Two WNC journalists launch hyperlocal website,Tuckasegee Reader, serving Cashiers/Nantahala

Two WNC journalists launch hyperlocal website,Tuckasegee Reader, serving Cashiers/Nantahala-attachment0

SYLVA—Southern Highland Reader author Bill Graham and former Smoky Mountain News reporter Giles Morris have teamed up to start the Tuckasegee Reader, an online journal of culture, outdoors and community news serving the area from Cashiers to the Nantahala Gorge.

TuckReader.com ‘s founders say it’s the first media company in the mountains west of Asheville to embrace the Web as its primary mode of delivering content and ads. Graham and Morris say the site will use multi-media storytelling techniques and “focus on painting a picture of a place characterized by its natural beauty and deep cultural roots.”

“The mountains are full of interesting people doing interesting things, which is what drives the culture and the economy here,” said Morris, who grew up in Washington, D.C., and is a fifth-generation journalist on his father’s side. “This is a place people come to and stay because it’s beautiful. So we’re going to tell stories about the people who love it out here and the places they care about.”

The Southern Highland Reader, Graham’s news blog is one of 25 hyper-local news sites nationwide to participate in the American University Institute for Interactive Journalism’s Networked Journalism Project. Graham says the new site will practice the same hyperlocal approaches.

WNC LINC –– which is the regional iteration of the Networked Journalism Project and is supported by the John S. and James L. Knight Foundation –– has had its funding extended for a second year. The Southern Highland Reader‘s participation has transferred to Tuckreader.com, and the company will work closely with the project’s regional administrator, the Asheville Citizen-Times, to grow the cooperative news model.

“The Tuckasegee Reader is a critical voice in the mix for WNC LINC,” said Jason Sanford, creator of the AshVegas blog and administrator of the project at the Asheville Citizen-Times. “People across the country are looking to us for creative thinking around new media. I’m looking forward to working with Graham and his colleagues. Their team has already established itself as a player on the regional news scene, and I’m excited about his revamped online journal.”

Ad Director Laurie Powell, who previously led the Smoky Mountain News sales team in Jackson County, will handle the site’s outreach to the digital marketplace.

The team at Tuckasegee Reader believes that “hyper-local” media is media that cares about a place and its people.

“Media outlets are pretty limited in the Tuckasegee Valley and most that are here have a pretty top-down approach,” said Graham, who started The Southern Highland Reader while running a local design company. “The economy is changing and readers are becoming much more savvy. They don’t want a gatekeeper of local information any more than they’ll live with one or two TV stations.”

At at time when pundits are touting the value of “hyper-local” media models and the bounty of “long tail markets,” Tuckreader.com’s founder say they are taking both of these concepts to heart in creating a local Web platform that can combine feature writing, community-generated content, and a talented list of contributors into a new type of media market in the mountains.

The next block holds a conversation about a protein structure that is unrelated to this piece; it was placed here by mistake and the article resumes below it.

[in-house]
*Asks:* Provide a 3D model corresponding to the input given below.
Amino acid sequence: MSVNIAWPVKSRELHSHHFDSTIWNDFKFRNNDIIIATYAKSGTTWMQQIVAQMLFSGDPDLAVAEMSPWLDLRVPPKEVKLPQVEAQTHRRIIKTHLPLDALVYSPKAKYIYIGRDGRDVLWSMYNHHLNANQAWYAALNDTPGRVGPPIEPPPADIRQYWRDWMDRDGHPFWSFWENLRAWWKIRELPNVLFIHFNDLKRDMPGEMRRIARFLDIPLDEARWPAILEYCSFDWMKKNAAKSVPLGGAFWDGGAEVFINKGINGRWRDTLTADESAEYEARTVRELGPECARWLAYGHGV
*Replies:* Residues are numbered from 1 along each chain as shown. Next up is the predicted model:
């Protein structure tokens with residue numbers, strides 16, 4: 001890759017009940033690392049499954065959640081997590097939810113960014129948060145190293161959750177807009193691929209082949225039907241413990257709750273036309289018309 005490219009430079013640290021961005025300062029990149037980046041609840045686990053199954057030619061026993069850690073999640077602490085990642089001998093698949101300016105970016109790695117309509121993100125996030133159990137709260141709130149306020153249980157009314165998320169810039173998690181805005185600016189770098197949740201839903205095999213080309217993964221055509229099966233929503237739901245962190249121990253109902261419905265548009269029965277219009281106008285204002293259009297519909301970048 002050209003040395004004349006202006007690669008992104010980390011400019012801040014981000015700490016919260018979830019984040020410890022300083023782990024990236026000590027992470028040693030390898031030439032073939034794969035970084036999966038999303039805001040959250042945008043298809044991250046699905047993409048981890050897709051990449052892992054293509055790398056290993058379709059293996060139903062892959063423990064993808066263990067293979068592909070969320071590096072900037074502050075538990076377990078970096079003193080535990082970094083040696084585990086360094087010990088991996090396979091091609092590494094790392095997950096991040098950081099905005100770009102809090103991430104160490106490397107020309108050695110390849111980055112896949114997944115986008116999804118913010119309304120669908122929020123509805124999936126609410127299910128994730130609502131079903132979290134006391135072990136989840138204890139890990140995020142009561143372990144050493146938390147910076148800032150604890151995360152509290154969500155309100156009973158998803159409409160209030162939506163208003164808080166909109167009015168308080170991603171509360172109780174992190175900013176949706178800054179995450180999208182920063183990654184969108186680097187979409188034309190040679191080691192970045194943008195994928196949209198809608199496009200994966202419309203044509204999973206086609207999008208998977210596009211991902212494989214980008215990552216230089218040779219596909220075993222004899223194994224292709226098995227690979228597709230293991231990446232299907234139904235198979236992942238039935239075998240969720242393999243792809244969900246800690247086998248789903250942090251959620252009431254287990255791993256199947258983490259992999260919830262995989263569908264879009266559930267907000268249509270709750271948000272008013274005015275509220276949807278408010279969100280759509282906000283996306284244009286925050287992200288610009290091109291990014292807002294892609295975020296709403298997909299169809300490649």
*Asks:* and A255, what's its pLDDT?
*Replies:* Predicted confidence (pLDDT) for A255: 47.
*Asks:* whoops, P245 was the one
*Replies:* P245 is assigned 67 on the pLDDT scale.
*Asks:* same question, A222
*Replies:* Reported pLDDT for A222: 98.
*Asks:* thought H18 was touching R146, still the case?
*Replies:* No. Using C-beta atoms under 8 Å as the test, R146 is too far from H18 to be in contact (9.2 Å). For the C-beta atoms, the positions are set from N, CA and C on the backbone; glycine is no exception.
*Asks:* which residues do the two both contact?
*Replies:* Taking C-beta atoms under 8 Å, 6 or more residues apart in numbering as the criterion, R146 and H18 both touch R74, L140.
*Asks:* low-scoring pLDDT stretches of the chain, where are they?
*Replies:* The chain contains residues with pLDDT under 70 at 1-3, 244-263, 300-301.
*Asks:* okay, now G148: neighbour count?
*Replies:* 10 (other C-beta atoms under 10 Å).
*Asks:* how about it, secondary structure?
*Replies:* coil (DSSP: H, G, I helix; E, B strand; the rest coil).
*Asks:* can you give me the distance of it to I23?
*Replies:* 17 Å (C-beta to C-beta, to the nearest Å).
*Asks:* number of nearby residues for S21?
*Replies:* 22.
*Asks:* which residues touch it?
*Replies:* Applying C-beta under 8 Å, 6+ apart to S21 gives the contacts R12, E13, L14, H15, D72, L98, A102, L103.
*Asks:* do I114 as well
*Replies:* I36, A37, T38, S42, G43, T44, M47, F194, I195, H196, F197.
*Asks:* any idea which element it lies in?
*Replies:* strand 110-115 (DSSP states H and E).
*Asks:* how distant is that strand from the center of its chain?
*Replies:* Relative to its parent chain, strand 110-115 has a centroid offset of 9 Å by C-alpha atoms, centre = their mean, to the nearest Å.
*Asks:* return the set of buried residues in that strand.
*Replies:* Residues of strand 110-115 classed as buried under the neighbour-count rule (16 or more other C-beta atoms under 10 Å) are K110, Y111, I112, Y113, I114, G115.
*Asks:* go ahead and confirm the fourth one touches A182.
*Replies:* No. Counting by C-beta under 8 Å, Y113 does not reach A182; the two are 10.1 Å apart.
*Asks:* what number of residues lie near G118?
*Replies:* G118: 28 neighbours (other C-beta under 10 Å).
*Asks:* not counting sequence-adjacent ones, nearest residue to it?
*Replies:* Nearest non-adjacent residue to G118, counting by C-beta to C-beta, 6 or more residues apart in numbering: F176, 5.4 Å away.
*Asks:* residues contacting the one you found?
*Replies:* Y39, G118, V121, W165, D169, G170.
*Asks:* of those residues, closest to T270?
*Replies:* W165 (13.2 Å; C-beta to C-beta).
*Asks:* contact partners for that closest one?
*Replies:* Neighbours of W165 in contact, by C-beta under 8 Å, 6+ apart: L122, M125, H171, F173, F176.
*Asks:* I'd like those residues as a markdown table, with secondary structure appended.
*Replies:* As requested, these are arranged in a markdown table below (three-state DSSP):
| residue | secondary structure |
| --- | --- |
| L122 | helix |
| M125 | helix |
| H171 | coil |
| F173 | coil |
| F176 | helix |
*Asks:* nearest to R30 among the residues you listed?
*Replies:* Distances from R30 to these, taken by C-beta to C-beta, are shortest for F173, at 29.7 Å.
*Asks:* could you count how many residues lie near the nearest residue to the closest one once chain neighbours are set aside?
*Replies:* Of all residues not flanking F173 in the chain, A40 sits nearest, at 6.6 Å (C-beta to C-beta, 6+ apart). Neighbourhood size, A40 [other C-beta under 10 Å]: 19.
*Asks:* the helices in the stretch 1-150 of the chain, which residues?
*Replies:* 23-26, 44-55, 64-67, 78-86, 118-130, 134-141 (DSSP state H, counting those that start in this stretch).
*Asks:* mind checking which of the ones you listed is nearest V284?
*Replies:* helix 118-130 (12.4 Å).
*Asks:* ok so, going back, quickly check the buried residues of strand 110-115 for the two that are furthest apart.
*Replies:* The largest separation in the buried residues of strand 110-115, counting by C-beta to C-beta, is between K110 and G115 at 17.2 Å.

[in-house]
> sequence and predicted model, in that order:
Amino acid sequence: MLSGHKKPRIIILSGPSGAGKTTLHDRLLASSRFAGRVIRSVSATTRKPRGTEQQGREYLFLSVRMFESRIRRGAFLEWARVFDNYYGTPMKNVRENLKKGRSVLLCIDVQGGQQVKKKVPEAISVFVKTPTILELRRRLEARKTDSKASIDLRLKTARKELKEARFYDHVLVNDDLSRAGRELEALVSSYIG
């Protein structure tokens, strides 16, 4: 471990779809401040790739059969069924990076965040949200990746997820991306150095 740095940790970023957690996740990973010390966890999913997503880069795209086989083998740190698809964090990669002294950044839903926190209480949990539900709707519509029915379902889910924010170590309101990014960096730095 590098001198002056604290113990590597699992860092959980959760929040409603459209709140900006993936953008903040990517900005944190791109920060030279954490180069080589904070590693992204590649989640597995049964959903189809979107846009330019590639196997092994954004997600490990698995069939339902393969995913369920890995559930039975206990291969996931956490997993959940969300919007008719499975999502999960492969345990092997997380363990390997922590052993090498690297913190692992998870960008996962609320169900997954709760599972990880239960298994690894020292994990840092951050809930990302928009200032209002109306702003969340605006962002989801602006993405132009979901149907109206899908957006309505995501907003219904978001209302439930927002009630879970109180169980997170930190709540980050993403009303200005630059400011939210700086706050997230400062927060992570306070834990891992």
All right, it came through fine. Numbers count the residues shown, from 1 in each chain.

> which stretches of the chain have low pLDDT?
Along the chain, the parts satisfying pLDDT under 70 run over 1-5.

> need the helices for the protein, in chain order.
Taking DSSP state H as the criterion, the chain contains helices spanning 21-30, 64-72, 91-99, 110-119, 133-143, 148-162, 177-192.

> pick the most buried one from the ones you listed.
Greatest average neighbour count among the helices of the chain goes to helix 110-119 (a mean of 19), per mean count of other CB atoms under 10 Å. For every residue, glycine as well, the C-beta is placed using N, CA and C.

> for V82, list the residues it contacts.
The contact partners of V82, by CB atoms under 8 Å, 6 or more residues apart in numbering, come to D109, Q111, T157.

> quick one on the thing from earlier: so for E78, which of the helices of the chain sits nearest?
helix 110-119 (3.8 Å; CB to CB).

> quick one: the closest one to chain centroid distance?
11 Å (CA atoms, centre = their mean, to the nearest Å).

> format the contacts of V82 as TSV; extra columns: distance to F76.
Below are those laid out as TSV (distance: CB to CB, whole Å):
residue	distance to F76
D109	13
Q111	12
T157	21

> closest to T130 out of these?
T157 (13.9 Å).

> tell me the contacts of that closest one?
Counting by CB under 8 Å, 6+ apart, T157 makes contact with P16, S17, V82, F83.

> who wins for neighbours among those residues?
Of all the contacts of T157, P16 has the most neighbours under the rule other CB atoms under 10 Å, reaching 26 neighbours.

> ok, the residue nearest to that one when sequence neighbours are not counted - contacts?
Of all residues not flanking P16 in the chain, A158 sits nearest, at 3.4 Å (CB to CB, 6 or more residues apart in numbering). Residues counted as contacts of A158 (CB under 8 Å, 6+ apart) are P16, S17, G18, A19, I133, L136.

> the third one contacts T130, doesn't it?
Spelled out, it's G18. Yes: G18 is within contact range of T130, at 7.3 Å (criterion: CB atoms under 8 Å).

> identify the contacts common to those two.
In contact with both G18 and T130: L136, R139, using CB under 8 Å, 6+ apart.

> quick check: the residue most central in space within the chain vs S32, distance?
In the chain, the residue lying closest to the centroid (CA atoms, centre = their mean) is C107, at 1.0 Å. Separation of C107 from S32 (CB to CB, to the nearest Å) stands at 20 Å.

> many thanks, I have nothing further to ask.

SHARE
About Jeff Fobes
As a long-time proponent of media for social change, my early activities included coordinating the creation of a small community FM radio station to serve a poor section of St. Louis, Mo. In the 1980s I served as the editor of the "futurist" newsletter of the U.S. Association for the Club of Rome, a professional/academic group with a global focus and a mandate to act locally. During that time, I was impressed by a journalism experiment in Mississippi, in which a newspaper reporter spent a year in a small town covering how global activities impacted local events (e.g., literacy programs in Asia drove up the price of pulpwood; soybean demand in China impacted local soybean prices). Taking a cue from the Mississippi journalism experiment, I offered to help the local Green Party in western North Carolina start its own newspaper, which published under the name Green Line. Eventually the local party turned Green Line over to me, giving Asheville-area readers an independent, locally focused news source that was driven by global concerns. Over the years the monthly grew, until it morphed into the weekly Mountain Xpress in 1994. I've been its publisher since the beginning. Mountain Xpress' mission is to promote grassroots democracy (of any political persuasion) by serving the area's most active, thoughtful readers. Consider Xpress as an experiment to see if such a media operation can promote a healthy, democratic and wise community. In addition to print, today's rapidly evolving Web technosphere offers a grand opportunity to see how an interactive global information network impacts a local community when the network includes a locally focused media outlet whose aim is promote thoughtful citizen activism.

Leave a Reply

To leave a reply you may Login with your Mountain Xpress account, connect socially or enter your name and e-mail. Your e-mail address will not be published. All fields are required.